In the mid 70's this growing sense of vocational discontent became complemented by domestic difficulties. I entered into a marital separation which in time led to divorce. Then at just this point of life problems on two fronts, I reached for and experienced a kind of turnaround in both directions. My relationships with my 5 children—3 then in college and 2 still younger—did not entirely escape the stresses of the marriage breakup, but still on the whole deepened and became still more valuable, more permanent than ever. And I reconsidered what I wanted from my career and decided to get out of its managerial, administrative, and business planning aspects, and focus entirely on the scientific and technical interests which had so attracted me in the early years.

This was a challenging change for me to make as it required a great deal of learning of some of the new technologies which had been growing explosively.  I started by doing design work on the architecture of IBM's then proprietary computer network system, and two years later joined IBM's Research Division in Yorktown Heights, NY. There I worked on research associated with advanced and Computer Science has been and is an attractive field to do research in.

It is not that the years with IBM and computers have all been an idyll...l've encountered my share of struggles and bumps along the road.  But in essence this vocational choice was for me a very lucky one, providing a stimulating and engrossing career at a perfect time, the dawn of the computer age.

Retirement has provided the opportunity to explore more deeply some other quite different interests. I have spent a fair amount of time writing poetry, a lot of time reading all sorts of things, a fair amount of time body board surfing in deep waves in Long Is­ land and Puerto Escondito and lxtapa, Mexico, and thought a lot and written some in a new field called cognitive neuroscience­ the use of the concepts of computer science in the study of the information processing of the human brain. And I spend more time with my grandchildren, and pleasant time that is.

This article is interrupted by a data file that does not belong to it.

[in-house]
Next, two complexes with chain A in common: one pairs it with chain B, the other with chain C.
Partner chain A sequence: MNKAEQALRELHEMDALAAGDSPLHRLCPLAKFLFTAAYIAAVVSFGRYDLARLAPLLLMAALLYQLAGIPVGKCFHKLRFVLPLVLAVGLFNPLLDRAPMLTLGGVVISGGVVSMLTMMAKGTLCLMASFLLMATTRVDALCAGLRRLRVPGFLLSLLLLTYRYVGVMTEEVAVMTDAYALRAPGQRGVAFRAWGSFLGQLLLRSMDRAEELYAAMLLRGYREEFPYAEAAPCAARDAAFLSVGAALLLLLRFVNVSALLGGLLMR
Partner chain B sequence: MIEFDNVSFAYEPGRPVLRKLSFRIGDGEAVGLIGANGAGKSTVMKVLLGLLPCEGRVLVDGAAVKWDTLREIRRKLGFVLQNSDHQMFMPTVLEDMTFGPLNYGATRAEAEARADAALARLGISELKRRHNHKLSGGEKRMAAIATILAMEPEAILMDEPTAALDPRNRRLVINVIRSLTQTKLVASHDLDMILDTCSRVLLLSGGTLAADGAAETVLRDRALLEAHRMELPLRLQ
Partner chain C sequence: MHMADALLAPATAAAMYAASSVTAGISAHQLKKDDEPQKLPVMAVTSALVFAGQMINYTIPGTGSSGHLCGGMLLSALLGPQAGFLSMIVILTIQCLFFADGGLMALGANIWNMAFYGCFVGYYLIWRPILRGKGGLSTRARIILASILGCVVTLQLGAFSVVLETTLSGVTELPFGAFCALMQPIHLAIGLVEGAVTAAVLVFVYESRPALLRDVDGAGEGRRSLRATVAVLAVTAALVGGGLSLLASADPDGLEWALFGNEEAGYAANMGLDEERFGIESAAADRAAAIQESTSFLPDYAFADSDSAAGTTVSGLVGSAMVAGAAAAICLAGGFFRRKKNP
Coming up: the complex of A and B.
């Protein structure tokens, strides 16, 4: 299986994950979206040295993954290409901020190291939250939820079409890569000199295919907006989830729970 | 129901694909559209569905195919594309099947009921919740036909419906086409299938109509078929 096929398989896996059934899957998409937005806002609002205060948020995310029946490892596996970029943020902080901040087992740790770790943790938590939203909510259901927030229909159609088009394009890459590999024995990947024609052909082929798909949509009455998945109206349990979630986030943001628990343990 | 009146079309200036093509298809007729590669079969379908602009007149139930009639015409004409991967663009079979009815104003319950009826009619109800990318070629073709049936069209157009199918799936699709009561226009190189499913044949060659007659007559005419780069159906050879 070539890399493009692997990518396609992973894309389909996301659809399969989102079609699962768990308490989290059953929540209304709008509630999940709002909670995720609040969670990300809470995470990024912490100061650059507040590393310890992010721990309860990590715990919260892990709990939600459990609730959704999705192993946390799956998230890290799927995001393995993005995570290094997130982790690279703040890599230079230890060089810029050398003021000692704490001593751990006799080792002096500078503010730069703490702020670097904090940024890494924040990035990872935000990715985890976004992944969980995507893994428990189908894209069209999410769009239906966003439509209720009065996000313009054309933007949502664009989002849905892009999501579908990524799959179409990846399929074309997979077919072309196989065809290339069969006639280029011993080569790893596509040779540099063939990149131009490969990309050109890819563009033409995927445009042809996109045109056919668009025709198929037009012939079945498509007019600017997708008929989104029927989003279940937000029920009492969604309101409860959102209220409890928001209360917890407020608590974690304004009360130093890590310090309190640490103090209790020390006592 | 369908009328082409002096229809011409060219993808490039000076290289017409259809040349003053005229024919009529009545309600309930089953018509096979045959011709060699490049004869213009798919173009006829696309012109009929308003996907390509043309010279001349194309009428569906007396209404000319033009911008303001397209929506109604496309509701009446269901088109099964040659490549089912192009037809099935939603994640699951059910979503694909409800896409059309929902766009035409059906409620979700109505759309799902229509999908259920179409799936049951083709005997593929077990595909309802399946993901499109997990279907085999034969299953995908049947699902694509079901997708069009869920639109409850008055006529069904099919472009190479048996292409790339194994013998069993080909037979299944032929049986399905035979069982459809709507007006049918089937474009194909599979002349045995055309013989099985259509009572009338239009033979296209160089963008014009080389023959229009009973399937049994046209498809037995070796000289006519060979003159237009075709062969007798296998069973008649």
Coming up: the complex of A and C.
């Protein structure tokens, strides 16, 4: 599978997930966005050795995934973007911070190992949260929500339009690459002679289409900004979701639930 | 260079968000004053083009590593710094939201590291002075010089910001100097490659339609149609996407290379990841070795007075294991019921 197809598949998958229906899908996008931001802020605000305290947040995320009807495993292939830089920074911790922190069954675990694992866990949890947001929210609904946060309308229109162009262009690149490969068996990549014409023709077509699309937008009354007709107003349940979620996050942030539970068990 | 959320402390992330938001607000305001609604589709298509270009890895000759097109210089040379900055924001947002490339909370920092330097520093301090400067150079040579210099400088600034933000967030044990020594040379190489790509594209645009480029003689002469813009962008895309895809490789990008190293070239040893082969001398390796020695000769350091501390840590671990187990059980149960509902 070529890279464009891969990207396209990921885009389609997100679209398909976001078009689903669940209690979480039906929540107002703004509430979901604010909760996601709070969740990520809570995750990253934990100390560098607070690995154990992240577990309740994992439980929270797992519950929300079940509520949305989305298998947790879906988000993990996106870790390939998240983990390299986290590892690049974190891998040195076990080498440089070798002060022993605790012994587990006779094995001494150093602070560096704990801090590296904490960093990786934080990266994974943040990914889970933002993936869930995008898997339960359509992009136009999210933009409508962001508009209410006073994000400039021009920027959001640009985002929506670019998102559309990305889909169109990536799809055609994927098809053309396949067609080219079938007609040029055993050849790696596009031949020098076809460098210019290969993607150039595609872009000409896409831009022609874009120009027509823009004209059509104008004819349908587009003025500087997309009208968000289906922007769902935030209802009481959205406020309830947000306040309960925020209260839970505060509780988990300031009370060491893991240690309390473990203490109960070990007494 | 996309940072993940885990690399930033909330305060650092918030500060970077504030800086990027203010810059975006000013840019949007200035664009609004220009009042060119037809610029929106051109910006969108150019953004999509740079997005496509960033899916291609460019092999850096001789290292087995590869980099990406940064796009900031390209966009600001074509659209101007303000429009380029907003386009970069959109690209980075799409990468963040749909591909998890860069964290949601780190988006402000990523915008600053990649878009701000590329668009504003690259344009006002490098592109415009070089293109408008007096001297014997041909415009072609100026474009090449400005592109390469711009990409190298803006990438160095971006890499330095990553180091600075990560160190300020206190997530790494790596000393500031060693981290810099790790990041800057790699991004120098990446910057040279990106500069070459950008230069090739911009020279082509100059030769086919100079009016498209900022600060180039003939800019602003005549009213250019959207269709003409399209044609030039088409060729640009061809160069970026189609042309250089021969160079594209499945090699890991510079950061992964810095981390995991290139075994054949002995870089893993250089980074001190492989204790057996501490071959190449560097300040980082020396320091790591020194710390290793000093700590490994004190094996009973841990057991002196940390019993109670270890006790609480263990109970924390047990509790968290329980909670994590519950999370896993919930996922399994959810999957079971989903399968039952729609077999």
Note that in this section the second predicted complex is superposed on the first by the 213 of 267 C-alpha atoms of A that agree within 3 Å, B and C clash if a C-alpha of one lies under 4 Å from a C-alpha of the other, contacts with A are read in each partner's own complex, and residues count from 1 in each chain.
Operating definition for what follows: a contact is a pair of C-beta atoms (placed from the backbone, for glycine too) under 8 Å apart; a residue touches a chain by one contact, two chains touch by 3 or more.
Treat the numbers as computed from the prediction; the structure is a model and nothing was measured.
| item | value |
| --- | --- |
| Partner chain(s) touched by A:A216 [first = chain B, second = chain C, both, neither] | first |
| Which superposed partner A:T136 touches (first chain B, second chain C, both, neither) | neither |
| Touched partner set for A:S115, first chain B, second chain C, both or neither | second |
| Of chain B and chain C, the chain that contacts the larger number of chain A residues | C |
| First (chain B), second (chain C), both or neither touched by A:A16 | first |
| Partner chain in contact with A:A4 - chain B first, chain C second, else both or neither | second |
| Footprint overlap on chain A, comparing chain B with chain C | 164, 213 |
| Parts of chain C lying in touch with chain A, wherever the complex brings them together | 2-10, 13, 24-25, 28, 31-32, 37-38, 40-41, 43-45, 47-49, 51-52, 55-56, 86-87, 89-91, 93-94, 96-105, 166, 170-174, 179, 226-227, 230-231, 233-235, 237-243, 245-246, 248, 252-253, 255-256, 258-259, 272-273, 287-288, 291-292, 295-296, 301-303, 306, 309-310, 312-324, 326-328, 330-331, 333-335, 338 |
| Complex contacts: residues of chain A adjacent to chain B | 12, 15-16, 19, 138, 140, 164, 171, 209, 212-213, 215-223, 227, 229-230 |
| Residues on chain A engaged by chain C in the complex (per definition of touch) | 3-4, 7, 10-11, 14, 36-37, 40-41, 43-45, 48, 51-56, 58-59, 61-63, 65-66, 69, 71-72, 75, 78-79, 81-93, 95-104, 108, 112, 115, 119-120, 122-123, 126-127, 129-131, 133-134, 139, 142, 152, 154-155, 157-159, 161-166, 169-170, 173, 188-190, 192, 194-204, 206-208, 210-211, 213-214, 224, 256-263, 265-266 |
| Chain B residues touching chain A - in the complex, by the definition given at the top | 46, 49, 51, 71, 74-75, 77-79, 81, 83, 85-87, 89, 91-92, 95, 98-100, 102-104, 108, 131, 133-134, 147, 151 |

Nonetheless I am still in pursuit of more choose pretty much the same vocational path at every major fork in the road. However if I had, say, five extra lives I'd also like to spend them by choosing the other directions, the ones not taken:

Thus, I’d like to have tried graduate school in English rather than mathematics. In fact, my original notion was to choose graduate work in either English or physics, and in still another life I'd like to have also pursued physics.  And having worked as a newspaper re­ porter during both high school and college summers, I’d opt also for a career in journalism.

FAMILY: As to progeny:  Eric, Amherst '79, is a vice president of Intrinsic, a high tech U. K. startup company which develops automation software. Some of you might remember him as a Class bartender at our 25th. Gavin, a lawyer, is a partner In Morrison & Foerster, San Francisco, where he is responsible for directing the part of the firm that deals with corporate mergers and acquisitions, and IPO's. Wendy directs public relations for all online banking operations of Wells Fargo. Christopher, a doctor, is also in San Francisco. The only one of my five children not in the Bay area is Margot, my youngest, who does creative planning for Merkley Newman & Hardy, a New York advertising agency.